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    Refraction. was: Bubble Horizon Altitude Corrections
    From: George Huxtable
    Date: 2004 Jul 5, 22:44 +0100

    Fred Hebard has an inquiring mind, and a tendency to ask interesting
    questions. The one copied below came to me off-list
    
    >George,
    >
    >A private question, which you could make public if you wish.  Are there
    >ever events in the atmosphere where astronomical or distant earthly
    >objects will appear lower than they really are, rather than higher, ie.
    >events where the effective index of refraction is of opposite sign to
    >that usually encountered?  By effective index of refraction, I am
    >trying to indicate the total refraction between the object and the
    >observer rather than a local refraction.
    >
    >Thanks,
    >
    >Fred
    
    Atmospherics is not my specialty, though I'm as willing to pontificate
    about it as the next man. I'm posting Fred's question to the list, in the
    hope than someone will pick it up who knows more than I do.
    
    The quick answer is: I don't know, but think it's very unlikely.
    
    The direction in which light is bent depends on the density-gradient of the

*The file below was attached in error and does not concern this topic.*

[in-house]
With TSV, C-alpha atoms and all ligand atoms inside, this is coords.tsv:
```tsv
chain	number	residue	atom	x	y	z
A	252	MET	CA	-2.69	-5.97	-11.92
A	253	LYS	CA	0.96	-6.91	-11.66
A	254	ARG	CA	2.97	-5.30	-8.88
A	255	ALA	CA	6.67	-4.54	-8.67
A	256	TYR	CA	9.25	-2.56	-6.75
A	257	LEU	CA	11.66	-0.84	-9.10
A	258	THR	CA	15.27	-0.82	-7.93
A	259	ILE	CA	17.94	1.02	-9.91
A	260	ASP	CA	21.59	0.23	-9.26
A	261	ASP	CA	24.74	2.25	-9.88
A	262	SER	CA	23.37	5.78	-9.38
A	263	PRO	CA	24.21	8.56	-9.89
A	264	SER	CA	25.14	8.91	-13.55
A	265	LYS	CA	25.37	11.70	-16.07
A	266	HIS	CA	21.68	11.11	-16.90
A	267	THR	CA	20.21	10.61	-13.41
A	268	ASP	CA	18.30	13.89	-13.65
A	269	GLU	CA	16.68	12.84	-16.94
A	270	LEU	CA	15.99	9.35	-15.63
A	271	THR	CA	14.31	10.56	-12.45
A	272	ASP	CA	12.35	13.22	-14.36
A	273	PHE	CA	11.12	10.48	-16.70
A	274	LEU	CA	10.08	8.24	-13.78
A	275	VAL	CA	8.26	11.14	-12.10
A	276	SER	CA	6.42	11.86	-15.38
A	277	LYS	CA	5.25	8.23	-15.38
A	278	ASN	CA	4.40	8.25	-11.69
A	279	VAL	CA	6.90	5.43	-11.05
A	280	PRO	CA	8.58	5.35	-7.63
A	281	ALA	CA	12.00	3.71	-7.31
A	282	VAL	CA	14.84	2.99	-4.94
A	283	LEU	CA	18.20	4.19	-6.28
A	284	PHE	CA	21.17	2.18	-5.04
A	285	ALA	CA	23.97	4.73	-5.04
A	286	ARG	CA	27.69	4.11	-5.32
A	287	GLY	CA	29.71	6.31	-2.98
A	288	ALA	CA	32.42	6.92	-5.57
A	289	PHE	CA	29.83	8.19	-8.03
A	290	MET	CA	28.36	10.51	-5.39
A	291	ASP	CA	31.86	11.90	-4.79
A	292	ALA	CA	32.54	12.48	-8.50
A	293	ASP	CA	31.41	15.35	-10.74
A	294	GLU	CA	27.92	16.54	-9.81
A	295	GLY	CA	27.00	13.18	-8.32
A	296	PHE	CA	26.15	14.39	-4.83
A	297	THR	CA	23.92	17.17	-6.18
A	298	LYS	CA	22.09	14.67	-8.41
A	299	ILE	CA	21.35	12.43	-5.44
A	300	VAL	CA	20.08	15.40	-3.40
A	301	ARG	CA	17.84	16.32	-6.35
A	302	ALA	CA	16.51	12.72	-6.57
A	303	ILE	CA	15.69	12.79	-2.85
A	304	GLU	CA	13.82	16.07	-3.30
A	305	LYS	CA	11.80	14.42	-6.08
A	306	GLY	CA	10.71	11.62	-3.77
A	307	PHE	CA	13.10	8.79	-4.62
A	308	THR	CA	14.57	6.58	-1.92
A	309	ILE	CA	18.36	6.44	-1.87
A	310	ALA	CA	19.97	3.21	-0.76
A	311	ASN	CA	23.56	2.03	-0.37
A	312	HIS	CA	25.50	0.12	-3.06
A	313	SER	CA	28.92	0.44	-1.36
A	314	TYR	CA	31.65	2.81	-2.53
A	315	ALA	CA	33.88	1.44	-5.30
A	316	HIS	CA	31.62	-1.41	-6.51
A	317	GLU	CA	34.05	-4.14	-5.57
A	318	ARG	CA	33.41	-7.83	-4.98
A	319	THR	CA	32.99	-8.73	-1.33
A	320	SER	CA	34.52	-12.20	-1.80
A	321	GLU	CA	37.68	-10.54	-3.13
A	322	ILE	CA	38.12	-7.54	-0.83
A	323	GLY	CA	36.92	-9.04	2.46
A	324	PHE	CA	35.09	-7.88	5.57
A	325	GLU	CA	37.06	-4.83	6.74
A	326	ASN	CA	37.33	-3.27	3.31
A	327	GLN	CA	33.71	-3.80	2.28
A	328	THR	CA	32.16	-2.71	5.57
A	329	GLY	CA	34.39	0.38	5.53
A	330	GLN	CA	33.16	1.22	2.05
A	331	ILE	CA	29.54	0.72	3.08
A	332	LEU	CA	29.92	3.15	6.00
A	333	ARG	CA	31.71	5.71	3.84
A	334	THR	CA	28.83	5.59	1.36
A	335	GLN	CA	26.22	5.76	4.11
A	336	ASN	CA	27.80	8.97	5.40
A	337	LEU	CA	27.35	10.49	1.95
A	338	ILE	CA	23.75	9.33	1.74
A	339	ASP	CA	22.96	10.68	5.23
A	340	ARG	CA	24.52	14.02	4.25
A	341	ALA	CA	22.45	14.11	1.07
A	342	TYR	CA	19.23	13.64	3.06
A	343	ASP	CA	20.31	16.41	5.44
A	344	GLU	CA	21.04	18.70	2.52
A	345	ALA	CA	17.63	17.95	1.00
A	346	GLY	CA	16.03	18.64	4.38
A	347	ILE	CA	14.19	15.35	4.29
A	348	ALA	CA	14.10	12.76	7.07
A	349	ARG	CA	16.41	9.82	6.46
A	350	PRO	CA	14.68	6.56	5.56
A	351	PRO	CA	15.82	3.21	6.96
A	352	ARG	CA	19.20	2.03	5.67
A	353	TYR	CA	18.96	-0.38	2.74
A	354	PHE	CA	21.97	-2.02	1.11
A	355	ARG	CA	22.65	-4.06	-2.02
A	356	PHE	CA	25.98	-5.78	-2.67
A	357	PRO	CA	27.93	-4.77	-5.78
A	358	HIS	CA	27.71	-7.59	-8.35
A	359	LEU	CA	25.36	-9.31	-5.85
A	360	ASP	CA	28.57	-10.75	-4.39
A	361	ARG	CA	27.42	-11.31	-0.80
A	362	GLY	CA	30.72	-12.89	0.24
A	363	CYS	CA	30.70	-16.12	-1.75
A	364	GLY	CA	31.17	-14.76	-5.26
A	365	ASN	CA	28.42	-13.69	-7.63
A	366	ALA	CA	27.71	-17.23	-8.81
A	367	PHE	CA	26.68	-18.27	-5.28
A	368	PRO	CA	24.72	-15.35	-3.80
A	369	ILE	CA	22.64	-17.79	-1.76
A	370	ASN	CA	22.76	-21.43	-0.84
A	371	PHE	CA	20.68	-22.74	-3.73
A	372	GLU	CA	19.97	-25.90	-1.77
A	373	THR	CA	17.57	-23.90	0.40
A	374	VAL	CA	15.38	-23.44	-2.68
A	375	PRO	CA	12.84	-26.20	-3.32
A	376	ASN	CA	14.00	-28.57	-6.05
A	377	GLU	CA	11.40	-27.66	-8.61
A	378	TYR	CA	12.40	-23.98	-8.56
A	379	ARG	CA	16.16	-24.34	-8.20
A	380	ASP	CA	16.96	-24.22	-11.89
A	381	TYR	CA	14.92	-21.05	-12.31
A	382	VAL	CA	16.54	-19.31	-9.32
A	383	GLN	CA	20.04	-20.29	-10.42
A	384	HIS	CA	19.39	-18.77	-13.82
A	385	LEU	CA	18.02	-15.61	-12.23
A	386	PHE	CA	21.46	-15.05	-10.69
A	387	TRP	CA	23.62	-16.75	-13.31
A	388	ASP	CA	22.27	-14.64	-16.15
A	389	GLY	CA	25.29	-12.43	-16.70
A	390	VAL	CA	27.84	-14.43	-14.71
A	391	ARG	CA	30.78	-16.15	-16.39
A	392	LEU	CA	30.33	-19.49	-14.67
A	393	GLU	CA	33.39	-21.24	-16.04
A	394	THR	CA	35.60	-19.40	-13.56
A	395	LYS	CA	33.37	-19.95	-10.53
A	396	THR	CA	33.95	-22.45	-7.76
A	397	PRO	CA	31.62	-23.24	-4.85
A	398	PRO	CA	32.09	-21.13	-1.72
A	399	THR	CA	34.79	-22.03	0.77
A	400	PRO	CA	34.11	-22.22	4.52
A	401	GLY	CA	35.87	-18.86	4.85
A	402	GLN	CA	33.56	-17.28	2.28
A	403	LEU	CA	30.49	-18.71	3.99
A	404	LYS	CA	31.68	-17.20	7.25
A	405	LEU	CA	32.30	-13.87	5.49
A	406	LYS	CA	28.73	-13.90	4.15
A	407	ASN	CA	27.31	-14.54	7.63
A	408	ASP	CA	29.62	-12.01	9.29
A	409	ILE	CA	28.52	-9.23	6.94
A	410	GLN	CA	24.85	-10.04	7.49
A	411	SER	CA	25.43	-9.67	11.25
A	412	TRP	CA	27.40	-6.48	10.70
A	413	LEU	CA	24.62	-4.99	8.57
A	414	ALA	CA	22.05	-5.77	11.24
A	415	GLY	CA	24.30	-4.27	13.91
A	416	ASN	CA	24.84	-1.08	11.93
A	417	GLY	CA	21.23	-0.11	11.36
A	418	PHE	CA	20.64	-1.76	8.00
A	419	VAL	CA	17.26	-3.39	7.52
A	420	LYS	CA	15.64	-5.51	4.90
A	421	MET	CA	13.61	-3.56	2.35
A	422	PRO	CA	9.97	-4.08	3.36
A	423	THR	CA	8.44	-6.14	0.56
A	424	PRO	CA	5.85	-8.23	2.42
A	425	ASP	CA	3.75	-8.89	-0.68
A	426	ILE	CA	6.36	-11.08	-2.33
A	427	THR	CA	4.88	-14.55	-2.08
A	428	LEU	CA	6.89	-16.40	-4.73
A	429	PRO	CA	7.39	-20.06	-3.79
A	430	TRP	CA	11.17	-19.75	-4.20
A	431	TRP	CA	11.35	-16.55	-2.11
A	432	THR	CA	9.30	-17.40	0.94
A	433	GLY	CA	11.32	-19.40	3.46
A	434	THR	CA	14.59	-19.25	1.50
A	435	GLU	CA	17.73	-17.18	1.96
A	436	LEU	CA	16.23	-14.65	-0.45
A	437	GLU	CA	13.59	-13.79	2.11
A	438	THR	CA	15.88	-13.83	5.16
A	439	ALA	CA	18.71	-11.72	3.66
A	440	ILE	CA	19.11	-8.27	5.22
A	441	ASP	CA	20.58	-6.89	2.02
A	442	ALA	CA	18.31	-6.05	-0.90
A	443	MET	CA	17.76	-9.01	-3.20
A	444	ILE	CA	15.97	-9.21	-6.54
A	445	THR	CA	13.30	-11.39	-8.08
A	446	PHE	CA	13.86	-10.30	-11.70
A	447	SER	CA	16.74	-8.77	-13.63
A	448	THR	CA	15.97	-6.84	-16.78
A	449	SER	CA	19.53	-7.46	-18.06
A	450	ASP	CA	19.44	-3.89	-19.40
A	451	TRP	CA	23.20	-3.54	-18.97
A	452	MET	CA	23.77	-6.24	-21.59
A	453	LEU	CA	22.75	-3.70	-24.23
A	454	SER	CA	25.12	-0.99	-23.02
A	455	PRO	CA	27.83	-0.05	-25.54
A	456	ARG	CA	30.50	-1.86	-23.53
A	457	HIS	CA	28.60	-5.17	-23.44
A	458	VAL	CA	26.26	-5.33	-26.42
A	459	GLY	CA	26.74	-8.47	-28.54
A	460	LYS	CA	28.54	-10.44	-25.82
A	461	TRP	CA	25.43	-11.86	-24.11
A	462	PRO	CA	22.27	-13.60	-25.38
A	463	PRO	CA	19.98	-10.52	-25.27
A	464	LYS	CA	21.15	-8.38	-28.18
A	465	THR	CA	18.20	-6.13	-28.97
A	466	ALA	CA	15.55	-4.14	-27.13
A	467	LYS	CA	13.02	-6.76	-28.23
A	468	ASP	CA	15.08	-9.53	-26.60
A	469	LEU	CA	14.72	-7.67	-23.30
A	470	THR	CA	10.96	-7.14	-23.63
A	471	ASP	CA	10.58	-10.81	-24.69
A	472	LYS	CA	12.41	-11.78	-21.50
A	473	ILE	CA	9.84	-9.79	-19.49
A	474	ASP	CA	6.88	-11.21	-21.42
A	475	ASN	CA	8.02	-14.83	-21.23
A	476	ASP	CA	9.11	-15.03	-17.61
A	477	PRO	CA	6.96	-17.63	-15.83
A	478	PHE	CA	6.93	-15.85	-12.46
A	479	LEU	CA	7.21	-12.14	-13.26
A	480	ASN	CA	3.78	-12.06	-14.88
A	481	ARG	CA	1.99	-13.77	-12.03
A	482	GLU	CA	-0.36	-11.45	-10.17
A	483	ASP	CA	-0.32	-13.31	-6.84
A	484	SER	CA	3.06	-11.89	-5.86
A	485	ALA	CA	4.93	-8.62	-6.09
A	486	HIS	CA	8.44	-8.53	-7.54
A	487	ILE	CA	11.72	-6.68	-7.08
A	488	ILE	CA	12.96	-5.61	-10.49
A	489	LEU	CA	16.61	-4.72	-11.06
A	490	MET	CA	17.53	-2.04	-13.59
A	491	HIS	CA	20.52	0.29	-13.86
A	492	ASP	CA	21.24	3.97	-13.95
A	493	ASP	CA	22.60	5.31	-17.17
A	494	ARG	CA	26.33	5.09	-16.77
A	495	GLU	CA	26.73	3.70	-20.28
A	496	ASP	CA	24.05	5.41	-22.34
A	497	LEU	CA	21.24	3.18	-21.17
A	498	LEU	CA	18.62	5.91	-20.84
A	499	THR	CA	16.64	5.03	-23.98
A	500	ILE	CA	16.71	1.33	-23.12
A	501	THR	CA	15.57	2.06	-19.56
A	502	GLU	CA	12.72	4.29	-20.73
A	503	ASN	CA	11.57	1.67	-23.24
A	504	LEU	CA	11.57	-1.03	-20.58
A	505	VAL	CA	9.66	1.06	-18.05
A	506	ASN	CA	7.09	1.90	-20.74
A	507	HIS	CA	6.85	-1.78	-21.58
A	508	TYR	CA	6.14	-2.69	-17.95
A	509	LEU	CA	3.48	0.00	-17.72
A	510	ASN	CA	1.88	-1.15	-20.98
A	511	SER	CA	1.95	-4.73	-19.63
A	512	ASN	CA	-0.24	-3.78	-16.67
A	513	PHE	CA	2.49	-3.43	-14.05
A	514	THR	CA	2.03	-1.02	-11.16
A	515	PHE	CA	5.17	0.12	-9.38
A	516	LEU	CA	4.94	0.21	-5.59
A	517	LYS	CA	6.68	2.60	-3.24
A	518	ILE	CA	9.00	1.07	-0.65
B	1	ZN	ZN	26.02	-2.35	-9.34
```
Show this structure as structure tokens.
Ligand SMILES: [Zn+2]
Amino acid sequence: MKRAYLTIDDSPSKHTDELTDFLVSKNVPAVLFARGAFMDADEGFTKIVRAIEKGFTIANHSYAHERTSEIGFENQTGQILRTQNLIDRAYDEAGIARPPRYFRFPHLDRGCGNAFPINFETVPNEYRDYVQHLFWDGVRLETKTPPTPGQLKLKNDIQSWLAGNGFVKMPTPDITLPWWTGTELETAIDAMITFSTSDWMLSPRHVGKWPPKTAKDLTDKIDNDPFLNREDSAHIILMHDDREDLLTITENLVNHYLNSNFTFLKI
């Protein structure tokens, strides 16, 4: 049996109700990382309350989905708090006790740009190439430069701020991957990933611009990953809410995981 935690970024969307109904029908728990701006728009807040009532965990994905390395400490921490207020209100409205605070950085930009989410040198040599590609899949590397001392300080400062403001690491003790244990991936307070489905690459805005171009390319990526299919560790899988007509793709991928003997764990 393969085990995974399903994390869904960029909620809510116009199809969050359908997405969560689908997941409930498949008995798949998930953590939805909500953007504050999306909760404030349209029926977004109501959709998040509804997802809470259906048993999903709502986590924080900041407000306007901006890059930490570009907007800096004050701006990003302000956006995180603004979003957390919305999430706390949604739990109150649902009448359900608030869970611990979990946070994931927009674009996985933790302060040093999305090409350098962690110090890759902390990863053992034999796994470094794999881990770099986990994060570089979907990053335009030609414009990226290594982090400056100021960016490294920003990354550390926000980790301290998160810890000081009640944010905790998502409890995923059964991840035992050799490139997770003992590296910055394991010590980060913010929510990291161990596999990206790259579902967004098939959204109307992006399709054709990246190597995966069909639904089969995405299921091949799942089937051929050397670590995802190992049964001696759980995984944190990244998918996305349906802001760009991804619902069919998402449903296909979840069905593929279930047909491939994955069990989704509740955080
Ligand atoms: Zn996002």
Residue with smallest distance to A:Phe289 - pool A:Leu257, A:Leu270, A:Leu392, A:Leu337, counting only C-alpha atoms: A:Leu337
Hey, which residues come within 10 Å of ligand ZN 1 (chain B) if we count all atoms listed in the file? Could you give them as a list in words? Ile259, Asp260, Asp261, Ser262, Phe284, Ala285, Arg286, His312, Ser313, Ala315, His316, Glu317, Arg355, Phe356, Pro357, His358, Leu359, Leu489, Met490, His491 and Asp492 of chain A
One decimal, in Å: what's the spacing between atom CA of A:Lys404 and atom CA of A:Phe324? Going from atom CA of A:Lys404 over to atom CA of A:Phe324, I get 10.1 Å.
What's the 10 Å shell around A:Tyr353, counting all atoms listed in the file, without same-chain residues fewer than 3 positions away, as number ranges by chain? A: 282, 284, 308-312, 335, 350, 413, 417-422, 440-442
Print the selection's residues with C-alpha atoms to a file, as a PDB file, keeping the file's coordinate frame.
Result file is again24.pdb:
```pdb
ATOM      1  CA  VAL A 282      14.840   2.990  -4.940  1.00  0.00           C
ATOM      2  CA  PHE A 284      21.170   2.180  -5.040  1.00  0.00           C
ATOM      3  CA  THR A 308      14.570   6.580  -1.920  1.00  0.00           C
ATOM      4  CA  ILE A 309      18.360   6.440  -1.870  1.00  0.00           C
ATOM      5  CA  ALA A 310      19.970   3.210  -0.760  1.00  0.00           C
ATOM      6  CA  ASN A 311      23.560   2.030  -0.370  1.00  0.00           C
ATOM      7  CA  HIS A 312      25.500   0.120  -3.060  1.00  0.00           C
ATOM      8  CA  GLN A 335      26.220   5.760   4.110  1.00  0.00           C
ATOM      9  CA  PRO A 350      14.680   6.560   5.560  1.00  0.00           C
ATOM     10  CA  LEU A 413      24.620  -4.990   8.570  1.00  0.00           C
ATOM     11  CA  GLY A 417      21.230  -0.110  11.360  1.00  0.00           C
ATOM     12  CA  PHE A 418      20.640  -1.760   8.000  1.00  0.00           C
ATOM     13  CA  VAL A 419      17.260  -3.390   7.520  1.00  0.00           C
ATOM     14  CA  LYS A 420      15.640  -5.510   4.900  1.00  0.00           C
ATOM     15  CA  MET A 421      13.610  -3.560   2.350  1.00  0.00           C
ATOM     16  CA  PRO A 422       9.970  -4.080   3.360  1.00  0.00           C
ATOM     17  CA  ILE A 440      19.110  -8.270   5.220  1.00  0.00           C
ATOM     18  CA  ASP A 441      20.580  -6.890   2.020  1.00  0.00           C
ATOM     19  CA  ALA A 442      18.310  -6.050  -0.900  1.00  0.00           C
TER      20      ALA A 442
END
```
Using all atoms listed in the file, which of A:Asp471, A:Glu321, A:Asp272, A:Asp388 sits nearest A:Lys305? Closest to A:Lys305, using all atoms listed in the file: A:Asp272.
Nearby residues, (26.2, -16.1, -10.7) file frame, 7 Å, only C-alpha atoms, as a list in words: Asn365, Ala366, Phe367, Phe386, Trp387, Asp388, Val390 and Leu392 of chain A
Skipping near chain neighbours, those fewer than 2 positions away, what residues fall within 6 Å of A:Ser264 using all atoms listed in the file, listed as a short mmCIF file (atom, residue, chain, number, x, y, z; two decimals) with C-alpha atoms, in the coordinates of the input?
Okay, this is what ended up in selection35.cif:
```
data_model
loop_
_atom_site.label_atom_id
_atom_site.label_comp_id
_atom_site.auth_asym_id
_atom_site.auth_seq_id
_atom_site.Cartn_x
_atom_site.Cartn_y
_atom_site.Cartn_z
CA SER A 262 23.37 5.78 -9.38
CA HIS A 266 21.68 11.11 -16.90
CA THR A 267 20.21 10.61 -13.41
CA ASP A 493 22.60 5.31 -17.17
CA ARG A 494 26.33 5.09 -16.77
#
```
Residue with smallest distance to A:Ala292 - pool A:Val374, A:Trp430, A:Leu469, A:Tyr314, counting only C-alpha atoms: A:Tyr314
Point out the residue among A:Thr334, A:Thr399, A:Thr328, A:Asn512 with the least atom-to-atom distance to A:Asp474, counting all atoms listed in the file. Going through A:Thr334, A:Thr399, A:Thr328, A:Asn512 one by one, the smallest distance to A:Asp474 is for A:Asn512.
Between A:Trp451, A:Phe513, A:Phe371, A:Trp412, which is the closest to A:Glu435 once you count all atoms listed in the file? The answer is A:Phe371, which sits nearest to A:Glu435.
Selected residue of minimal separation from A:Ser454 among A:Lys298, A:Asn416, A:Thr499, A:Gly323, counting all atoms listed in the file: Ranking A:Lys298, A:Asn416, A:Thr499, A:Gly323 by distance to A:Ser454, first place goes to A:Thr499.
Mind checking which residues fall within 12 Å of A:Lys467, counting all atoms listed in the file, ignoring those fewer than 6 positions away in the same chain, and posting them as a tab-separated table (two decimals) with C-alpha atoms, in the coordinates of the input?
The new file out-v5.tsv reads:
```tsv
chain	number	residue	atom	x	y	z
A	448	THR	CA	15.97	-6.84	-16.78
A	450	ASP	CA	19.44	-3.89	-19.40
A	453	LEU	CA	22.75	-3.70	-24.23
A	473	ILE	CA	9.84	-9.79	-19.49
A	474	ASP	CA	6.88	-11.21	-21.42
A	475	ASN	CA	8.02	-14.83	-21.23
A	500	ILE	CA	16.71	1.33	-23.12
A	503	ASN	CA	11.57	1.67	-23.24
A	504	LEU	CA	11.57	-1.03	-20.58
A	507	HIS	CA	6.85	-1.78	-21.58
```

air through which it passes. Normally the density will decrease as the
    height increases, because it's proportional to pressure, and the pressure
    decreases as the height increases because there's less overburden from the
    decreasing mass of air above it. So if pressure was only factor involved,
    the density would always fall as the height increased, and any incoming
    light ray would curve downwards slightly, to be a bit nearer the vertical.
    
    But density (of air or any other gas) also depends on temperature. At a
    constant pressure, it's inversely proportional to the absolute temperature
    (Charles' Law, I think). The absolute temperature is measured on a acale in
    which absolute zero is at 0 degrees, not -273deg C, so that an ambient
    temp. of 10deg C is actually 283 deg absolute. If there was a temperature
    gradient in the air, the temperature falling fast enough as height
    increased, that could in theory be enough to counteract the effects of the
    falling pressure. In that case the air-density would conceivably increase,
    not decrease, as height increased, which could cause light to be curved
    upwards, not downwards; the effect that I think Fred is looking for.
    
    We can try to estimate the temperature gradient that would be needed.
    
    I will work in pounds weight and inches, as I suspect most non-scientists,
    and particularly Americans, are happier that way; and will use approximate
    values.
    
    At sea level, atmospheric pressure is about 14 pounds to the square inch,
    which means that a column of air of 1 square inch area, extending to the
    top of the atmosphere (wherever that might be) contains 14 pounds weight of
    air.
    
    Now work out the weight of air in just 1 foot height of that column. The